Ramadan/ Eid Al-Fittr – Muslim month of fasting and Festival   1 comment

English: Muslim Soldiers bow down in prayer du...

English: Muslim Soldiers bow down in prayer during the celebration of Eid-Al-Fitr Sunday at the Joe E. Mann Center. Eid-Al-Fitr marks the end of Ramadan, the holy month for Muslims worldwide. (Photo credit: Wikipedia)

The duty of fasting through the month of Ramadan, the ninth month in the Muslim Calendar, affects the life of every one of those who follow the faith of Islam. It is one of ‘the five pillars’ of the faith, one of the most important acts of Muslims throughout the ‘uma’, the world-wide community of the faithful. The believer should have nothing to eat or drink from sunrise to sunset for a period of twenty-eight days.

The timing of the fast has changed several times, but now Ramadan is established to include ‘Lailat al Qadr‘, ‘The Night of Power’, which celebrates the night in which the Prophet Mohammed first received the message from God communicated by the Angel Gabriel. Mohammed was forty years old, and from then on he recorded his inspirations which comprise the holy book of Islam, The Qur’an. The communication of this to the Prophet continued until his death, twenty-three years later.

The observance of the fast  is not only concerned with avoiding food and drink. It demands that the believer avoids anything which might distract from thinking about God, including back-biting, slander, swearing, indecent behaviour and dishonesty. The fast is not obligatory to every believer on every day of the month. Certain days are considered better days, but Muslims observe the fast as well as they are able without making themselves ill or depressed. Alternate days, or one day in three form the common pattern.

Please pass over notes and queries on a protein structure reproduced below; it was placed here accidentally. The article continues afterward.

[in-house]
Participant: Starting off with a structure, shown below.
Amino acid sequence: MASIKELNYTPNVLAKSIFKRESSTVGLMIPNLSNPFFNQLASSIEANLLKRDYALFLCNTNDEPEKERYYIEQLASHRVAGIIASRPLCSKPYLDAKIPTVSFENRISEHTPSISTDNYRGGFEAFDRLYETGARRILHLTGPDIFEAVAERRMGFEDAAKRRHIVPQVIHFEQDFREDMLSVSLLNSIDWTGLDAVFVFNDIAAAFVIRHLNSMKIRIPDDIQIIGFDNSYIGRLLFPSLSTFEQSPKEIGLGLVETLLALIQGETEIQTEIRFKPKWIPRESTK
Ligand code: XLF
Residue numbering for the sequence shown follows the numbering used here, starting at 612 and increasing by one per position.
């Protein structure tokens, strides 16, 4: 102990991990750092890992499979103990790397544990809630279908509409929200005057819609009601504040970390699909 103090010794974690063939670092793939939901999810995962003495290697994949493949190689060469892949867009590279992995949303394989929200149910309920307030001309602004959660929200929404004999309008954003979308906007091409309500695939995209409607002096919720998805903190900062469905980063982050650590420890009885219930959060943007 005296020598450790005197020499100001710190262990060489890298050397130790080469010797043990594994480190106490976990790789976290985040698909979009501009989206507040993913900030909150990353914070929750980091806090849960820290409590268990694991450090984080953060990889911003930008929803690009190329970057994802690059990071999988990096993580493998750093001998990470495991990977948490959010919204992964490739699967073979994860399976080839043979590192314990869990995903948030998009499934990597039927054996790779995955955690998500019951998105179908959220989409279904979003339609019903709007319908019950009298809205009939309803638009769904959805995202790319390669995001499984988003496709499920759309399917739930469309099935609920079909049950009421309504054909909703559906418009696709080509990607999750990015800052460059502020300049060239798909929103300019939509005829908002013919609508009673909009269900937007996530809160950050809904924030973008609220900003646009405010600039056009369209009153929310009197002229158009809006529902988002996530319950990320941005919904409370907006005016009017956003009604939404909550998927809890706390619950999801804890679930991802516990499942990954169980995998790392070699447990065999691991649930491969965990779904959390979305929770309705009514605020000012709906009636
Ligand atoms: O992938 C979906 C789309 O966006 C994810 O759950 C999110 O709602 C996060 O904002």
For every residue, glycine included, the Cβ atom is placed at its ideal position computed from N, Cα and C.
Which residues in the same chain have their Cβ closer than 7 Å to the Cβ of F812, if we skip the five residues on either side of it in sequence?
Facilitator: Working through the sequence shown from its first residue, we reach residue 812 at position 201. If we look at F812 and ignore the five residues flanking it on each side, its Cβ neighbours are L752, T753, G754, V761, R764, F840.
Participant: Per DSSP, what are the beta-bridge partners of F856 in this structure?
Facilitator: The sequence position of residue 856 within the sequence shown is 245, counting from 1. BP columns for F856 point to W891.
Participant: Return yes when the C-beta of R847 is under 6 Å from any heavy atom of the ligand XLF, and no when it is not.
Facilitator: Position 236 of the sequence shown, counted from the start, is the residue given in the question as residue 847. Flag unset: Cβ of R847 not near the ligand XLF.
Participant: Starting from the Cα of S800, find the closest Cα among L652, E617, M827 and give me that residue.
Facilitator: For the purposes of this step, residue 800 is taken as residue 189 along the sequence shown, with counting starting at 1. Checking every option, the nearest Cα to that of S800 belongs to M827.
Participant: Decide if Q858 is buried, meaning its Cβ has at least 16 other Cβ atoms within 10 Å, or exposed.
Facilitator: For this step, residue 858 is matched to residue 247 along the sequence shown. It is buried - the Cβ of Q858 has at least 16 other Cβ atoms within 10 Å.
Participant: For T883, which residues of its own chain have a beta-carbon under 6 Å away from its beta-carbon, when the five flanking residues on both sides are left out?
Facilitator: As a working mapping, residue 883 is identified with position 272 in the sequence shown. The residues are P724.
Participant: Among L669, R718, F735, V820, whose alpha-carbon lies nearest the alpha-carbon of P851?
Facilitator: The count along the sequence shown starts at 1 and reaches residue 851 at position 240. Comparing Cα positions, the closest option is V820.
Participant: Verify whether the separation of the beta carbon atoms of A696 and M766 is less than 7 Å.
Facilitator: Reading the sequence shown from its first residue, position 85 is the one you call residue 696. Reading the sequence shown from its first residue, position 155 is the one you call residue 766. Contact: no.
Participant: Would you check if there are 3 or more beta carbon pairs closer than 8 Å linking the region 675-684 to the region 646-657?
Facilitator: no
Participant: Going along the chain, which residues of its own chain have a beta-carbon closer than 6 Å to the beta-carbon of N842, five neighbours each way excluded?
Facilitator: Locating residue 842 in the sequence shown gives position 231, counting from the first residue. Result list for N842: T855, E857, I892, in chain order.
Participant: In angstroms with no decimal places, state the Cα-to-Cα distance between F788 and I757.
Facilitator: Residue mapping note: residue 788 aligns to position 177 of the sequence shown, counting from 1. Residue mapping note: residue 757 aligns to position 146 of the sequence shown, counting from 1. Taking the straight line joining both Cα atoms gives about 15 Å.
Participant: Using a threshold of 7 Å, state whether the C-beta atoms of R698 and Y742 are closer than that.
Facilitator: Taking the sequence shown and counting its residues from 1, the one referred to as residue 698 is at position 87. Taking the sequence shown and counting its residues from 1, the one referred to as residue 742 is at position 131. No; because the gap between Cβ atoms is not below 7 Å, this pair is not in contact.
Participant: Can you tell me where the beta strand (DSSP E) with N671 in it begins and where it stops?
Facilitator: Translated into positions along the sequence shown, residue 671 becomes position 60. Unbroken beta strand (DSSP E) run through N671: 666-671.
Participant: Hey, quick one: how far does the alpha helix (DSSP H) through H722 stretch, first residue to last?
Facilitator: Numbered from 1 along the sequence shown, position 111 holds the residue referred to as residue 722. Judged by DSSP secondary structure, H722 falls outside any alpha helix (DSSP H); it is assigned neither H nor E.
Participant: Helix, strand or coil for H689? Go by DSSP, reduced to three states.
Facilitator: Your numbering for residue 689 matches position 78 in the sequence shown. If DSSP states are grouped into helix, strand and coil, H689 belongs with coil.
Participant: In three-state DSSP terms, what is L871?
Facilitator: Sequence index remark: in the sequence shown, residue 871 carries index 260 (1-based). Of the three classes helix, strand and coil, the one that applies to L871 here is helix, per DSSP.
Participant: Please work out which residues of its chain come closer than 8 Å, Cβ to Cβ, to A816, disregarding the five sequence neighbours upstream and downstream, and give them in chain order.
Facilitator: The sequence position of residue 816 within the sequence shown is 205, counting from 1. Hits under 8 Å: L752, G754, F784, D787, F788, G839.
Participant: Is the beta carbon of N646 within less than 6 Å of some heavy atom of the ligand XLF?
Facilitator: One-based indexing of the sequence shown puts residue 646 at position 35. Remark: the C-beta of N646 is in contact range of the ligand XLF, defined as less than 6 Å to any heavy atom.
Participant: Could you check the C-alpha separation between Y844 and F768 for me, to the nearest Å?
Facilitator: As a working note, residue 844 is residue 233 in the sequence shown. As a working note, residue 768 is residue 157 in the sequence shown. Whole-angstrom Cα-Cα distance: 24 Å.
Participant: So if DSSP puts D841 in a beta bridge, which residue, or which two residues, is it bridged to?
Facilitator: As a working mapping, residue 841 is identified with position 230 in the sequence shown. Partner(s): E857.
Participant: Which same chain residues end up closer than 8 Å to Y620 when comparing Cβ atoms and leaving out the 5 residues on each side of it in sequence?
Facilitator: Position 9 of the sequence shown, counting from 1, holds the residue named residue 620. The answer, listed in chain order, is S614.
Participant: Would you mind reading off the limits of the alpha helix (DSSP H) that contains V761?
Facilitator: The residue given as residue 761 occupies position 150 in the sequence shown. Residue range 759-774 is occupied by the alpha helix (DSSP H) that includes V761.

Reading The Qur’an, another of ‘the five pillars’, is also an important part of the fast, and some Muslims read a thirteenth part of the book each day, thus reading the whole book during Ramadan. The first verses recited to the Prophet were:

Read, in the name of the Sustainer who created Man,

Thy Sustainer is the Most Bountiful One

Who taught the use of the pen –

Taught Man that which he knew not.

It is difficult for ‘western’ minds to appreciate The Qur’an, for in translation the beauty and musical quality is lost. It is meant to be read aloud and listened to. However, Christians are sometimes surprised to find many references to characters in both Old and New Testaments, including Noah, Abraham, Joseph, Moses, David, Solomon, Mary and Jesus. Mary, the mother of Jesus, stands highest among the women honoured in The Qur’an, and the story of the Angel Gabriel to her to tell her that she was to give birth to Jesus is told more than once. In the chapter named after her, the story begins:

In the name of God, the Merciful, the Compassionate, and make mention of Mary in the Scripture, when she had withdrawn from her people to a chamber looking East, and had chosen seclusion from them. Then We sent unto her our Spirit and it assumed for her the likeness of a perfect man. He said, ‘I am only a messenger of thy Lord, that I may bestow on thee a faultless son.’

The Muslim lives by The Qur’an, which from the first rituals of birth through to the end of life in this world, holds the guiding principles of Islam.

The arrival of the new moon announcing the end of Ramadan is awaited with great excitement. This is a party occasion with visits to the Mosque, friends’ houses and exchanges of greeting in the streets. One of the most common forms of greeting is ‘If I have done you wrong, please forgive me’. The Festival at the end of Ramadan lasts three days and is known as Eid Al-Fittr, ‘the feast of the breaking of the fast’. Another feature of the ending of the fast is its combination with the festival of the dead when families visit the graves and tombs of relatives.

One response to “Ramadan/ Eid Al-Fittr – Muslim month of fasting and Festival

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